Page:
The architect of this reorganization – known as “Alphabetization” at the ever-sunny Google – was Ruth Porat, the new chief financial officer. Porat, who was born in England but grew up in Palo Alto, led Morgan Stanley’s technology banking division during the first dot-com boom, served as an adviser to the Treasury Department during the bailouts of Fannie Mae and Freddie Mac, and became Morgan Stanley’s CFO in 2010. She joined Google in May 2015 with a mandate to bring discipline and focus to a company so awash in cash that it never needed much of either. She instituted rigorous budgeting and, according to people familiar with Alphabet’s operations, forced the Other Bets to begin paying for the shared Google services they used. Projects hatched with ambiguous timelines of 10 or more years in some cases had to show a path to profit in half the time.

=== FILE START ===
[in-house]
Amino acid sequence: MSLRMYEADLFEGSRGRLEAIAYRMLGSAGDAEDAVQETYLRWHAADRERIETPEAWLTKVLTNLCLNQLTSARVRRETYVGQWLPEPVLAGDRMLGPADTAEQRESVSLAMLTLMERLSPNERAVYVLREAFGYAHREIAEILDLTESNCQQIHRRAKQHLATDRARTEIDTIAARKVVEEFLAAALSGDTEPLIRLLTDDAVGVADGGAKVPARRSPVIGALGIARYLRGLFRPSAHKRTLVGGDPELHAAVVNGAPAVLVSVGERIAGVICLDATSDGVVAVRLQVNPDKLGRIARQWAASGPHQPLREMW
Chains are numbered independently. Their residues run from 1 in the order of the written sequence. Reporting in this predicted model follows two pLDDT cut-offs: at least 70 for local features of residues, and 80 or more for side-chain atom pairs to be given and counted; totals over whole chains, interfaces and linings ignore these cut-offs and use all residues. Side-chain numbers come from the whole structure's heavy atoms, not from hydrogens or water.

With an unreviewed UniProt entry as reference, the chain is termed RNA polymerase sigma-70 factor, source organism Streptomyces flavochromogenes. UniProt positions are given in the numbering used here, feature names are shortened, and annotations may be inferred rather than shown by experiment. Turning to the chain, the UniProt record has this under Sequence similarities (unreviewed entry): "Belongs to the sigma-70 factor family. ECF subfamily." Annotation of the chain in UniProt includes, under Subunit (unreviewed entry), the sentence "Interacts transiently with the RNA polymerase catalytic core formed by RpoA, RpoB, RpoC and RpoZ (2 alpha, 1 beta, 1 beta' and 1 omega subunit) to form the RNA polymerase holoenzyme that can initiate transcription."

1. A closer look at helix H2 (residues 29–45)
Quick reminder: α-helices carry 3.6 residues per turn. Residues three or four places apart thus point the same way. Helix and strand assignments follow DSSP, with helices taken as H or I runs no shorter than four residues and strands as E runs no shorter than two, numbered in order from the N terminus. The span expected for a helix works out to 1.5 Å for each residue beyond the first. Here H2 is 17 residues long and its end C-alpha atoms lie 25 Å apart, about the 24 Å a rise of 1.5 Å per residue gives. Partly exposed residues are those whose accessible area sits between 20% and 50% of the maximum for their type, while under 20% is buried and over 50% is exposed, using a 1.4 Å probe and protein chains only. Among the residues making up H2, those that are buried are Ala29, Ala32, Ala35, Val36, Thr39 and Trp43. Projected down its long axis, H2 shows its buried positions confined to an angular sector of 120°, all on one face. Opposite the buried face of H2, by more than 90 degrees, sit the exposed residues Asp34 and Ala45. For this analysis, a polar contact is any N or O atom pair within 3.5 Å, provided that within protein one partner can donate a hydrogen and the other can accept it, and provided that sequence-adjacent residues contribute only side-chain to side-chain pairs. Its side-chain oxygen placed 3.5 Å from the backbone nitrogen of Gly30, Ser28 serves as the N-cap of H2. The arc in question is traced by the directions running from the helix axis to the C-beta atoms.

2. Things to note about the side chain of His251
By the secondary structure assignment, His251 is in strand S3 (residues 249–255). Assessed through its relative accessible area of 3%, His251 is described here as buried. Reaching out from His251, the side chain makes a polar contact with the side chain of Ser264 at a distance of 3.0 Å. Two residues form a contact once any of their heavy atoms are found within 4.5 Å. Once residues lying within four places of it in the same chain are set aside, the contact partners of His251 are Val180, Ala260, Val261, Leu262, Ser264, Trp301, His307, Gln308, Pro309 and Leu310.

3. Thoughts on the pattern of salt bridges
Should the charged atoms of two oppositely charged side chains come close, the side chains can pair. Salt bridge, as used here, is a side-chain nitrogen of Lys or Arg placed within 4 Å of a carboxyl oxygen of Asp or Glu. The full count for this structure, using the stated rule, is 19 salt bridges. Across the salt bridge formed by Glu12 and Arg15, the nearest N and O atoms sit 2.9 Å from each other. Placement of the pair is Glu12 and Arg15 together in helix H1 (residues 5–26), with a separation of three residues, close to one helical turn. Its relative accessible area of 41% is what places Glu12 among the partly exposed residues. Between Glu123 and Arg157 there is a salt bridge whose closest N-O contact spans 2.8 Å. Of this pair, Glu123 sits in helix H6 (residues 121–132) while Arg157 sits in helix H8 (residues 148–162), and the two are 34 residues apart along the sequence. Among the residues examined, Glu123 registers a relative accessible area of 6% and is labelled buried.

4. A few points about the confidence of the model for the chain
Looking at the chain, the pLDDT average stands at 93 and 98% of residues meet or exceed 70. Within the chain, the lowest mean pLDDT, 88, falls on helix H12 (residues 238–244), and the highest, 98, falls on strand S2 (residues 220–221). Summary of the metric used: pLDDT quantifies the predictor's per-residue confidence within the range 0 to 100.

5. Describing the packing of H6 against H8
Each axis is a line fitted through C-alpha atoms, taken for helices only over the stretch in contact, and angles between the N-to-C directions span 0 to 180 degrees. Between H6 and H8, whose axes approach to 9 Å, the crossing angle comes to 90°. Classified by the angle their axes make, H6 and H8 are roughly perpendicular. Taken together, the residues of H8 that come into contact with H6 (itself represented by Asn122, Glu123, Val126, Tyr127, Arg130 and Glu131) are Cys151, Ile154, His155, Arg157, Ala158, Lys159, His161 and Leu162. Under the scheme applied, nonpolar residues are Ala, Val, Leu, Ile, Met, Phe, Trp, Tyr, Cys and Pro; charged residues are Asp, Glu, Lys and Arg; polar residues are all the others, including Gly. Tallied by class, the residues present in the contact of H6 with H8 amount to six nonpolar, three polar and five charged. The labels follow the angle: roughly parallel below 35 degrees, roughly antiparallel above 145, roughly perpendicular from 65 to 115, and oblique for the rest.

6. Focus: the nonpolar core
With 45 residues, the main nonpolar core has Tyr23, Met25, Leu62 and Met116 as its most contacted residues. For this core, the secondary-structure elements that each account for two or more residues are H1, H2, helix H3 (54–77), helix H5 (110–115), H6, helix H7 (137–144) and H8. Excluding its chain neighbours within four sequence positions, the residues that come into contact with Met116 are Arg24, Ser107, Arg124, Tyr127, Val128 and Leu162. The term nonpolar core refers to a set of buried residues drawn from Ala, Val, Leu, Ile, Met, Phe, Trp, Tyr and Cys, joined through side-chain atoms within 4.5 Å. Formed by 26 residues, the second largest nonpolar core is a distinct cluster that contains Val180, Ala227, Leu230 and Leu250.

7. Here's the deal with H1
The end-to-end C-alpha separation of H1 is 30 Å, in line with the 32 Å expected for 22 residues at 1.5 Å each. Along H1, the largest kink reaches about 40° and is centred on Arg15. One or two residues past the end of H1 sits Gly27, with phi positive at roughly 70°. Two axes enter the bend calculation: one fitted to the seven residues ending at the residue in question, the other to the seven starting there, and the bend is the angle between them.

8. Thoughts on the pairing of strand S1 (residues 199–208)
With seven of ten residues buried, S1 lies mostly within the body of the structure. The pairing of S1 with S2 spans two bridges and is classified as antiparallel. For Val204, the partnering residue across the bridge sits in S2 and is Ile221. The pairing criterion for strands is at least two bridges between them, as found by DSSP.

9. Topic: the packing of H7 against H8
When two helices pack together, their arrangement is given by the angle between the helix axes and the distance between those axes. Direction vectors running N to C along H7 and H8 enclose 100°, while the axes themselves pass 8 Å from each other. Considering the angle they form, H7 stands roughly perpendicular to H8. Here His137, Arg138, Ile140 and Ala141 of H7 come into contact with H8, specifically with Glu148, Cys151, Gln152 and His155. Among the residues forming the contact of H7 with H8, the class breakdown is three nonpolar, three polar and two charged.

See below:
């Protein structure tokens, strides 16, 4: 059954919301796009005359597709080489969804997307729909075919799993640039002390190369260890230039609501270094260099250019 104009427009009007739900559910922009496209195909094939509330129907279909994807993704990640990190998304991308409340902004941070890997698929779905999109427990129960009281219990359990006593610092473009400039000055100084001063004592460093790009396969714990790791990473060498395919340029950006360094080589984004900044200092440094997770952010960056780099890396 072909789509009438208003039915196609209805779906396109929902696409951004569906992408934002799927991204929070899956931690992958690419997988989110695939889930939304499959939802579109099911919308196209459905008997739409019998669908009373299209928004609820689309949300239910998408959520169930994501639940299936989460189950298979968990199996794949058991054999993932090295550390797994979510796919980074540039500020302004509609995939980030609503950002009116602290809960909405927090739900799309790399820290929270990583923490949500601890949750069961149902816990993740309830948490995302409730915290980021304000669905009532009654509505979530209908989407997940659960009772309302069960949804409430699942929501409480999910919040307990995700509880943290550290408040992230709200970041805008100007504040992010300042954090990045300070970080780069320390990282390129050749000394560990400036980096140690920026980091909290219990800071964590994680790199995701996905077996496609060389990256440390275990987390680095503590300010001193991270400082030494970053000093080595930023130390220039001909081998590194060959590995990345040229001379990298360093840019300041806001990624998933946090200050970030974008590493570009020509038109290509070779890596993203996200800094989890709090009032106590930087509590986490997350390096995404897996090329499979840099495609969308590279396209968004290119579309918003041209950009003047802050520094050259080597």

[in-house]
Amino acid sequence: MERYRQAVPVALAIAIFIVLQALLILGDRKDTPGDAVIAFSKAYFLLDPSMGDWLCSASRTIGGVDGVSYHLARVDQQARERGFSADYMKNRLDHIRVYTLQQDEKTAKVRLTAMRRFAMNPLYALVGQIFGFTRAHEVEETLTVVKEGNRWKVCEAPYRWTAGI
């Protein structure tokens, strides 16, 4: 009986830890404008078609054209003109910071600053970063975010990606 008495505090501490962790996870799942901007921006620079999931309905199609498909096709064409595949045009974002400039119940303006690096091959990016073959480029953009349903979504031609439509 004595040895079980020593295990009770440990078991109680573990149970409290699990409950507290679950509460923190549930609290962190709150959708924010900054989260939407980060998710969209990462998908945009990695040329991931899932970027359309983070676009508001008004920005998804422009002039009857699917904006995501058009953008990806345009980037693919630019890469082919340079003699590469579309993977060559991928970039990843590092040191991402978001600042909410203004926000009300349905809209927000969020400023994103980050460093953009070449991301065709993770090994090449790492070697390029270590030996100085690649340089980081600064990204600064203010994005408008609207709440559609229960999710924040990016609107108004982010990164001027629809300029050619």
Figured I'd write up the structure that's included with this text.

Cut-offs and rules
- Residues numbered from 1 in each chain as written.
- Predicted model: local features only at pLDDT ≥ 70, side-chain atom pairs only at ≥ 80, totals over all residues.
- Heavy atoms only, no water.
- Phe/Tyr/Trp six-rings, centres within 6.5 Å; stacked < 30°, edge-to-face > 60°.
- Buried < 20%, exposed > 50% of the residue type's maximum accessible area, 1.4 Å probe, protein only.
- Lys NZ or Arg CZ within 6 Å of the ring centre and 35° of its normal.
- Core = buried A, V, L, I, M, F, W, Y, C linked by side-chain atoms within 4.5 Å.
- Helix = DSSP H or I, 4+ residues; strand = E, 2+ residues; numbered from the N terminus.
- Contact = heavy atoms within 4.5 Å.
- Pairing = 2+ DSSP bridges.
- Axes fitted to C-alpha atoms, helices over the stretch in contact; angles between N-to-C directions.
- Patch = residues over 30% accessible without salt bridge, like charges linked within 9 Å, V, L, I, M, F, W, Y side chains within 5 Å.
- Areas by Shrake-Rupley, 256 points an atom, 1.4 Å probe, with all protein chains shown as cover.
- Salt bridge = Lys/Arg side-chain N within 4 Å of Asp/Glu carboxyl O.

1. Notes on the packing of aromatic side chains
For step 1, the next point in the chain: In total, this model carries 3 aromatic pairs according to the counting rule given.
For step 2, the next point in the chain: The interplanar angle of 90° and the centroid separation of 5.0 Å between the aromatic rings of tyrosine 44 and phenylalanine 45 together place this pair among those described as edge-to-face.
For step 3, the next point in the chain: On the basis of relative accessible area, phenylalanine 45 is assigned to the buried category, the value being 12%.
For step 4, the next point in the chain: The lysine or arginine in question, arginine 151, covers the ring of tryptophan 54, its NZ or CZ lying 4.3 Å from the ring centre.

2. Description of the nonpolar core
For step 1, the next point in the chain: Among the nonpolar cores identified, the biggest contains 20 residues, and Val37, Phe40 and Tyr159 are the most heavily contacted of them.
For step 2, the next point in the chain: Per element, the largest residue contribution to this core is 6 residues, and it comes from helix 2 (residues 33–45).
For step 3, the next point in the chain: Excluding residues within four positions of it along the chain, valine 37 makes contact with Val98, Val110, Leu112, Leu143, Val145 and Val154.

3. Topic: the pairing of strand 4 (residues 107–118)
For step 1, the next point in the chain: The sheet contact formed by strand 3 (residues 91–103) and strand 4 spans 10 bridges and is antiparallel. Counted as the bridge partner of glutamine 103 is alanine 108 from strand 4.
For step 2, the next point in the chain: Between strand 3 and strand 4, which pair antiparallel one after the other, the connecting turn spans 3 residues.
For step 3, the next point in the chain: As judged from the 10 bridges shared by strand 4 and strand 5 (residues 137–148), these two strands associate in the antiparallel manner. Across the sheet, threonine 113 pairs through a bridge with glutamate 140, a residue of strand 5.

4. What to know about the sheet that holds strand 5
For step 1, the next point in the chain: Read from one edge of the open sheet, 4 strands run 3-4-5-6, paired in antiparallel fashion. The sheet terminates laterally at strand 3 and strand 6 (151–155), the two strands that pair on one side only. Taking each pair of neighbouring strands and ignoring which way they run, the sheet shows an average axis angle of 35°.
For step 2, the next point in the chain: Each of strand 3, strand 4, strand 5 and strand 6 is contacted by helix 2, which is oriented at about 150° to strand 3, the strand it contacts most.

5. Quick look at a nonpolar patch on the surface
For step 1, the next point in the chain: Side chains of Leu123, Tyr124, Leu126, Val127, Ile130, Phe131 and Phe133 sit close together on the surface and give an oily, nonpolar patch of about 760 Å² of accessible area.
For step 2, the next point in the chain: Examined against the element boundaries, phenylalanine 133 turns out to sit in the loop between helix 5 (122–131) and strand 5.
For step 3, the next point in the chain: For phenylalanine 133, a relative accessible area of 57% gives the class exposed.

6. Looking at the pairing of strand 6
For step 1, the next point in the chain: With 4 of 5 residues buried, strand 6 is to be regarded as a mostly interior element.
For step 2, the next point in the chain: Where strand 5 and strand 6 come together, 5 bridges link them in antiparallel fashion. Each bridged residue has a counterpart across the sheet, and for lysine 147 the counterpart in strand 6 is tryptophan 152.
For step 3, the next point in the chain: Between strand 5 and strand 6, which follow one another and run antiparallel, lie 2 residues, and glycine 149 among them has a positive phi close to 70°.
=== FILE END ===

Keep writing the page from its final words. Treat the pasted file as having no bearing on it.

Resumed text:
At most big companies, such financial controls are standard operating procedure, and Alphabet’s investors are pleased. Its stock is up 35 percent since Porat joined. But within the Other Bets, Porat’s tenure has been controversial, earning her an unflattering nickname: Ruthless Ruth. “She’s a hatchet man,” says a former senior Alphabet executive. “If Larry isn’t excited about something,” the executive continues, referring to CEO Page, “Ruth kills it.”
I love these stories of problems few of us will ever have to deal with.
It just reads like something you’d read about a company in 20 years time about why it stopped innovating and stagnated and why it’s being carved up and sold to investors.